Teacher Evaluation: Should We Look at Evidence of Learning?

Guest Post by Anthony Cody

This post was originally published on Anthony Cody’s blog at Living in Dialog, on March 10.

Anthony Cody spent 24 years working in Oakland schools, 18 of them as a science teacher at a high needs middle school. He is National Board certified, and now leads workshops with teachers focused on Project Based Learning. With education at a crossroads, he invites you to join him in a dialogue on education reform and teaching for change and deep learning. For additional information on Cody’s work, visit his Web site, Teachers Lead. Or follow him on Twitter.
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In the mistaken belief that test scores are adequate reflections of learning, we have created vast systems to extract test score data, and now are requiring that this data be incorporated in teacher and principal evaluations across the country. Can we return to an authentic use of evidence and data in teacher evaluations?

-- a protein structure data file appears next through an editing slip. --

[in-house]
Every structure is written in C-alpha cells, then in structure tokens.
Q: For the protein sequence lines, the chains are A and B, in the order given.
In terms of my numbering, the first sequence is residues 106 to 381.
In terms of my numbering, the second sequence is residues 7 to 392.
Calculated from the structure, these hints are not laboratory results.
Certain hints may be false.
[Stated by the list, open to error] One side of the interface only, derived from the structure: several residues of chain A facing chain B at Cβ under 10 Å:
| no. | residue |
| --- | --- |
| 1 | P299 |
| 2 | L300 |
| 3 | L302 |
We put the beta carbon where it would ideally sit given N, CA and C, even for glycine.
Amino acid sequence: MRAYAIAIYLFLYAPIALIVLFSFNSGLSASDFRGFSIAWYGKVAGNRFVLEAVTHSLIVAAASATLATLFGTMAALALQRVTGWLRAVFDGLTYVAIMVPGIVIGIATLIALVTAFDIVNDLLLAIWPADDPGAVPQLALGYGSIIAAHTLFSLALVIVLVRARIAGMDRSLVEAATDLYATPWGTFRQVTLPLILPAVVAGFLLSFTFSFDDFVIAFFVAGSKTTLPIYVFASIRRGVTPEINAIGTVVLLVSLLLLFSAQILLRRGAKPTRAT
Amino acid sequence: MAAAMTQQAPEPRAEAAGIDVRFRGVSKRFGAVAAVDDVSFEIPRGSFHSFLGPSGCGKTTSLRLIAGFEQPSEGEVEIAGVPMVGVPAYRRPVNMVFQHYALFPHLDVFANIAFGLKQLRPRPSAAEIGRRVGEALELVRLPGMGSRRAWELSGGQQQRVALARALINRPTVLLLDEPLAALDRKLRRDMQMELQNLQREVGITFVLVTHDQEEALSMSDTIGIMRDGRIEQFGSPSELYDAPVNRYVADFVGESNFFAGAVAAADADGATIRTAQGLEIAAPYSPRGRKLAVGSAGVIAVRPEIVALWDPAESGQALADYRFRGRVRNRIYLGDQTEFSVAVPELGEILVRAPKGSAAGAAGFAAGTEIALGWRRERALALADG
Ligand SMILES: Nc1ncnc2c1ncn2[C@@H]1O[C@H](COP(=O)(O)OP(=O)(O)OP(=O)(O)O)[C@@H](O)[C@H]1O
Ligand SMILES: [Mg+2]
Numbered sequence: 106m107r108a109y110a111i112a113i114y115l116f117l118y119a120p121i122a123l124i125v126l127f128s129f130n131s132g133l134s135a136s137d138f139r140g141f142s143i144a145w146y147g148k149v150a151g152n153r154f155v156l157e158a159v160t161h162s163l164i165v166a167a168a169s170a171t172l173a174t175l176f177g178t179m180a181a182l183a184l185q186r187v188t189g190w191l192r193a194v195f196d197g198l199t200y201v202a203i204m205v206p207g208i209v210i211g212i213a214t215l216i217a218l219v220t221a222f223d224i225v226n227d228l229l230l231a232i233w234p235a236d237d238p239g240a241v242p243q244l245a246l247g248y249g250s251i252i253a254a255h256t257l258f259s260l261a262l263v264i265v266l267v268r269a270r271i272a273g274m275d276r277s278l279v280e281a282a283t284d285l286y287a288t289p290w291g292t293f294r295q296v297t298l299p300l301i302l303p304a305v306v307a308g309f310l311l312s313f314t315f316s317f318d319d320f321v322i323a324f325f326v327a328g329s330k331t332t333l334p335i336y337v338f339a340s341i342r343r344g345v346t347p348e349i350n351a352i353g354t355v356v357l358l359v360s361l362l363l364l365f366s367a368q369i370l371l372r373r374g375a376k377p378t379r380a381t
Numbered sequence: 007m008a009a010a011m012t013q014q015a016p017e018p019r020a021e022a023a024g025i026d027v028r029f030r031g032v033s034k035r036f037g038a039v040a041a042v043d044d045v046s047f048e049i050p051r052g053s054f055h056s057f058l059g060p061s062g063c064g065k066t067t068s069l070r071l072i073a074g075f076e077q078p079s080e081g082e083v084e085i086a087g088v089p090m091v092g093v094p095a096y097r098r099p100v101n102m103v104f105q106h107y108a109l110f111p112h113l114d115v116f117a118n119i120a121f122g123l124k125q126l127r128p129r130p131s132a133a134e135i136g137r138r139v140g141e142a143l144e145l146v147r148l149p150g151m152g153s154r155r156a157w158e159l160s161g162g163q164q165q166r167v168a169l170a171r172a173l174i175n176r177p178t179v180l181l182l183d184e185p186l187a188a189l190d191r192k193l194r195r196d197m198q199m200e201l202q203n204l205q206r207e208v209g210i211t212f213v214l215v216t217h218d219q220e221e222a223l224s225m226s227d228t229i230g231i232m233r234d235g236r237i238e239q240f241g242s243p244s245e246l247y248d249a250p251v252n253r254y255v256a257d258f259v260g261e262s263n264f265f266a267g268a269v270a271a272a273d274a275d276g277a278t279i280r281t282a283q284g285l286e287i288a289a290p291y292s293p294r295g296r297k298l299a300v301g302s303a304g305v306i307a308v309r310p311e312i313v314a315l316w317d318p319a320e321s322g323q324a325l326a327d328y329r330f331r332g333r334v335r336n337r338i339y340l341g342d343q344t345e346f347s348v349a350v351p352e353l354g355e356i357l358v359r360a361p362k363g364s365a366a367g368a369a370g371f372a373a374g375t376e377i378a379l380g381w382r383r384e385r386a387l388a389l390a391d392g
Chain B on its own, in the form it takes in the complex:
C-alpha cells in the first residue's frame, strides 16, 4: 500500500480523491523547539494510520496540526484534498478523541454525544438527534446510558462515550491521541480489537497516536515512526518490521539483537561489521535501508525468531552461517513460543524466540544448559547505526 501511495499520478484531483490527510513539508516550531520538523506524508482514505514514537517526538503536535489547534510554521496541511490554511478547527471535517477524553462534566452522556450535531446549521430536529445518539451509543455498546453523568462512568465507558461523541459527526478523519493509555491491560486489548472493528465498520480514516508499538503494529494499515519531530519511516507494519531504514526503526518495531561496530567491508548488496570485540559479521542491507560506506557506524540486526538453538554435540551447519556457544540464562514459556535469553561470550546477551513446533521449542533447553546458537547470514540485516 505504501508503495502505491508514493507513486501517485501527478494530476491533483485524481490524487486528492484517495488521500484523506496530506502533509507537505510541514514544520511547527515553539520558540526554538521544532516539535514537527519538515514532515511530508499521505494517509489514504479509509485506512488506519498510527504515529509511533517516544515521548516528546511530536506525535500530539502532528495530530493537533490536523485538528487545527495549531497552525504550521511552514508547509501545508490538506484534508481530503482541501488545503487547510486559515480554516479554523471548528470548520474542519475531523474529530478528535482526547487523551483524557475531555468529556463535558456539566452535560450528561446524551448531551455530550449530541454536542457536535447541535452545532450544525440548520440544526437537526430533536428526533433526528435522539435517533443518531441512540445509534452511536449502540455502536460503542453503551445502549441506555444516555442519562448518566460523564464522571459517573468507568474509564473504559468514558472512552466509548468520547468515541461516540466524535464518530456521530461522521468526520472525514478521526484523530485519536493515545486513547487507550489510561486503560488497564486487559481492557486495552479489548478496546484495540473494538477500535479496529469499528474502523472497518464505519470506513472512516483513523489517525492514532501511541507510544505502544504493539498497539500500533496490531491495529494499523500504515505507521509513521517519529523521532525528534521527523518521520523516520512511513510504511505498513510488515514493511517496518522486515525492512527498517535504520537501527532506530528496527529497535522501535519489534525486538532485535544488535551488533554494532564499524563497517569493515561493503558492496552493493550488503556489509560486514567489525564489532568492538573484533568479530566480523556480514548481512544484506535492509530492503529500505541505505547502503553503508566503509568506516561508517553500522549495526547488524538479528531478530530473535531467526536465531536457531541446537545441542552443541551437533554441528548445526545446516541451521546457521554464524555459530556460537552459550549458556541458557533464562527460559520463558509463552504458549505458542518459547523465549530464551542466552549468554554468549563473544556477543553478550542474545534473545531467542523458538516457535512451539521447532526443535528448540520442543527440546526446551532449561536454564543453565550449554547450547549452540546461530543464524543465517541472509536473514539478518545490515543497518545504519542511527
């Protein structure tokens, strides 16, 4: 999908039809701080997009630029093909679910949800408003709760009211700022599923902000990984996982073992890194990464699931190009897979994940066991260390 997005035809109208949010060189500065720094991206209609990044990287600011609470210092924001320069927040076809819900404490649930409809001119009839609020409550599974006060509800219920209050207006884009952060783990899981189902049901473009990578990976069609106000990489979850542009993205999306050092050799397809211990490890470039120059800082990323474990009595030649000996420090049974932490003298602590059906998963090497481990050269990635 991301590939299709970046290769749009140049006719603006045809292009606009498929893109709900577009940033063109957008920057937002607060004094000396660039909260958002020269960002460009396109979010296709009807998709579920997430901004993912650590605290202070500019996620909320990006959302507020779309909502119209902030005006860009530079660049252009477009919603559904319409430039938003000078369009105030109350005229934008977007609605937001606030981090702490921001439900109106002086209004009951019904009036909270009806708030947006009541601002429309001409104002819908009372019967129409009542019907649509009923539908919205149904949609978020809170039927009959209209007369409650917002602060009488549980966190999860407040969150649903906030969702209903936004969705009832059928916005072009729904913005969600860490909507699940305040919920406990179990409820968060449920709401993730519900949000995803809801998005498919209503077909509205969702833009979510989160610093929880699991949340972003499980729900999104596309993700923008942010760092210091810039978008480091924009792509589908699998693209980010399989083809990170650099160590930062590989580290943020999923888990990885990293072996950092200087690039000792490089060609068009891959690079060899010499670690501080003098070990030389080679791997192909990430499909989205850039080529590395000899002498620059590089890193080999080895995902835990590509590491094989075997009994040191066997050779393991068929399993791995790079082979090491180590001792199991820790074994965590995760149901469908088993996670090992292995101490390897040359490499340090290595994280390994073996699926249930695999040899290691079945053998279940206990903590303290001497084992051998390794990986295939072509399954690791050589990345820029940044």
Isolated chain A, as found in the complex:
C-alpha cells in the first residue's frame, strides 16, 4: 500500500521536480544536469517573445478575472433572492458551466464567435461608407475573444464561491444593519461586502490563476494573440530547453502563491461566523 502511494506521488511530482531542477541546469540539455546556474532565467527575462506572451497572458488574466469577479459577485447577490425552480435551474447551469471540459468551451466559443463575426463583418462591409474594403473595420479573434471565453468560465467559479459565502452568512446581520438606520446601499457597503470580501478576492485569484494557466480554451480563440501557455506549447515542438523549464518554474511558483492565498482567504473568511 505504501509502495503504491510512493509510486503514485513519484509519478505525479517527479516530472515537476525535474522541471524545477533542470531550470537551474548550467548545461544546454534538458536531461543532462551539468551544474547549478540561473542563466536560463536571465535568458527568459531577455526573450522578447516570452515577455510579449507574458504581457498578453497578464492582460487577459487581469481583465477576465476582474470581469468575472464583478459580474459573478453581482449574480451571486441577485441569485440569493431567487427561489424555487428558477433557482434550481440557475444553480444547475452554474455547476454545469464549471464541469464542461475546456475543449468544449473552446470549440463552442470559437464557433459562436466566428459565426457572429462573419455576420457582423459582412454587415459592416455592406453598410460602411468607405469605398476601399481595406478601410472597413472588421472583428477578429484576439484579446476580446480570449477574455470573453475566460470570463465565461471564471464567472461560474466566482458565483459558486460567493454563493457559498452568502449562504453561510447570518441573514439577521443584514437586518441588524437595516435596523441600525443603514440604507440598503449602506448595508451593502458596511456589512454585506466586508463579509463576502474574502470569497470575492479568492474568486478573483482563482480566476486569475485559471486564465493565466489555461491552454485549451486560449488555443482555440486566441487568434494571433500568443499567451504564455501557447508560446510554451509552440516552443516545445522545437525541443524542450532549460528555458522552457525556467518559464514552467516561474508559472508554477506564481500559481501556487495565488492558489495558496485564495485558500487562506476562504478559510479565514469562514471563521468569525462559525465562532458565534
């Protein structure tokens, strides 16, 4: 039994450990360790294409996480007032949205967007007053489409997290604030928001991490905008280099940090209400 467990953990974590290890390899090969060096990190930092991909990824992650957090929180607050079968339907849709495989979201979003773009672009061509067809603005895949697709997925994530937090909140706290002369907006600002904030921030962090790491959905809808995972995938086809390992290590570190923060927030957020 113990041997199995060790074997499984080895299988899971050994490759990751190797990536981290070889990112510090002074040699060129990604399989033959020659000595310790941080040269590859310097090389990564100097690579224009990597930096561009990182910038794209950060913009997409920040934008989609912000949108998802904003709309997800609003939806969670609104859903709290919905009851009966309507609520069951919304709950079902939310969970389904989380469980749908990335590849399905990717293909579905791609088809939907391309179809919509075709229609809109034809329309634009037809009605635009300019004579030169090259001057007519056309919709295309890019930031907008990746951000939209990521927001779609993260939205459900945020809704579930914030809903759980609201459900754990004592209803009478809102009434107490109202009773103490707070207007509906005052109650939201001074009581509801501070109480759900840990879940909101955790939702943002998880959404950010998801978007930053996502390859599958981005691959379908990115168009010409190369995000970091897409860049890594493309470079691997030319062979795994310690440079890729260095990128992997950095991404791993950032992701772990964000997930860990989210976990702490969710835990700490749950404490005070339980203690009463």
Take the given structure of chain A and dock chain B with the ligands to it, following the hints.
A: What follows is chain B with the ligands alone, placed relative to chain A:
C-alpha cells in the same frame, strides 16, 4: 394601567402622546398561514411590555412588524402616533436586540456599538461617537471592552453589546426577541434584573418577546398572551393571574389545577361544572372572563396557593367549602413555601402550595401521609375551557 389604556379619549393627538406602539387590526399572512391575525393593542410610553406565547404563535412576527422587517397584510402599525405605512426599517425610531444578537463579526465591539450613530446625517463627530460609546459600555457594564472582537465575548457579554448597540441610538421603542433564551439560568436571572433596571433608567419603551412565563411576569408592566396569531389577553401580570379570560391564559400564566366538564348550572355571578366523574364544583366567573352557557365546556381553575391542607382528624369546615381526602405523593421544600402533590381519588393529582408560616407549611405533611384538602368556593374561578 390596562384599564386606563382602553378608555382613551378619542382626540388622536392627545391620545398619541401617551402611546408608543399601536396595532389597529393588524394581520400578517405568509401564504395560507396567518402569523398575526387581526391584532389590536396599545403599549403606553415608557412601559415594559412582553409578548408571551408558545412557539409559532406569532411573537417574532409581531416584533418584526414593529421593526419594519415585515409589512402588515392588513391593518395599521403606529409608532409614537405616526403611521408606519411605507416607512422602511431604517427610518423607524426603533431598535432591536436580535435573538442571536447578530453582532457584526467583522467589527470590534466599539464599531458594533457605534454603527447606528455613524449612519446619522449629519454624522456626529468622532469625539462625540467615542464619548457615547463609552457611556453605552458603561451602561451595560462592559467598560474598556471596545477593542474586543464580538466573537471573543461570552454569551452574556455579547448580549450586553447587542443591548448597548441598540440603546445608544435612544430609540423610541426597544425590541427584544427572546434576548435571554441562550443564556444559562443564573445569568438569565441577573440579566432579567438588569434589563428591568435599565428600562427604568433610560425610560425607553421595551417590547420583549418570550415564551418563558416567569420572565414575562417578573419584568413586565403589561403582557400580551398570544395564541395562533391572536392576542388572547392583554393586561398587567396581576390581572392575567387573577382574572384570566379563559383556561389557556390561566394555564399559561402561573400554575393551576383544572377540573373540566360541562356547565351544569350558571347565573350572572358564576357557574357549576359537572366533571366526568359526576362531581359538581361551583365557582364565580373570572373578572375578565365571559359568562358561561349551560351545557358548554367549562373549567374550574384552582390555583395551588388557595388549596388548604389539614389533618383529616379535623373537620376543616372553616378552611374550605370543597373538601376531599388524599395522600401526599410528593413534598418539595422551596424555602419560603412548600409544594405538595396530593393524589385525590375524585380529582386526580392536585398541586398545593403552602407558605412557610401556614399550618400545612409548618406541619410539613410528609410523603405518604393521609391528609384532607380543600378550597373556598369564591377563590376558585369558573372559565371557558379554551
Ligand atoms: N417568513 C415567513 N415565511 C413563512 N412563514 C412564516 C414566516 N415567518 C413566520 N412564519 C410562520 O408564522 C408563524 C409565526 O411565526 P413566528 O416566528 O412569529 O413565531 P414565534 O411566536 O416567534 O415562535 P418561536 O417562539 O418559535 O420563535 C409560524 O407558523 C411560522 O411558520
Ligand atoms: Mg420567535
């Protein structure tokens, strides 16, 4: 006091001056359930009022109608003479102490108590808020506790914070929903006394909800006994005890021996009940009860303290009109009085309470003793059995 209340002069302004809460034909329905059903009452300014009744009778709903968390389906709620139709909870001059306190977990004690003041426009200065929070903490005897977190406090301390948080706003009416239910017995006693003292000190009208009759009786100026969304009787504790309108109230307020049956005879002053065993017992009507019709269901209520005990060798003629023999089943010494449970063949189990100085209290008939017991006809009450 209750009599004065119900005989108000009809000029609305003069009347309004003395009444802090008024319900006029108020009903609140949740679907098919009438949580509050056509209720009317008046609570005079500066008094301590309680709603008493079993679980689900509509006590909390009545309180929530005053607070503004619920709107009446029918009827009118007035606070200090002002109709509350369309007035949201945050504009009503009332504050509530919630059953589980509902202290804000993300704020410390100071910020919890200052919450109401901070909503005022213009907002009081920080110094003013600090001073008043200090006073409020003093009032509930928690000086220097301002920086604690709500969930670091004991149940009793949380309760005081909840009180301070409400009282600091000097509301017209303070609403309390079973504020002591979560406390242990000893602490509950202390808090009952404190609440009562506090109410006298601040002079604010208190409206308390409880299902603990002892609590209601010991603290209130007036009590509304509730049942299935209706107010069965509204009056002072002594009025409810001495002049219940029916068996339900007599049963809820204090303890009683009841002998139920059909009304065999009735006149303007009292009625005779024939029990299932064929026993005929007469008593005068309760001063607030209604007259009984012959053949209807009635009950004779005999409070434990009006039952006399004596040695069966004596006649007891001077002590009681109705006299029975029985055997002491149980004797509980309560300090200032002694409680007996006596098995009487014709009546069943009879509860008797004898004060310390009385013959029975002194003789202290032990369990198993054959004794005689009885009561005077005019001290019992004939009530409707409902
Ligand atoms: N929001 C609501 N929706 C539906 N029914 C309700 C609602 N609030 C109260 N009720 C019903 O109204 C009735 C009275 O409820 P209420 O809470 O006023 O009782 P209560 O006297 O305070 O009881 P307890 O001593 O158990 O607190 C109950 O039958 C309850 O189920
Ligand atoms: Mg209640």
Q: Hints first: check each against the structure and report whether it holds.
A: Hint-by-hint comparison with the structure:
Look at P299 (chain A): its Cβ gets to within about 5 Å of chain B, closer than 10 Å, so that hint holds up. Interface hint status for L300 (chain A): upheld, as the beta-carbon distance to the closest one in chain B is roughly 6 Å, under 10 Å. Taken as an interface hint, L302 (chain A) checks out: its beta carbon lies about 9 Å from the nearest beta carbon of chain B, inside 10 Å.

The publication of teacher ratings generated by Value Added Models (VAM) in New York has prompted some closer examination of their validity, as I discussed here yesterday. This has brought into the mainstream what was, up until recently, a discussion among academics.
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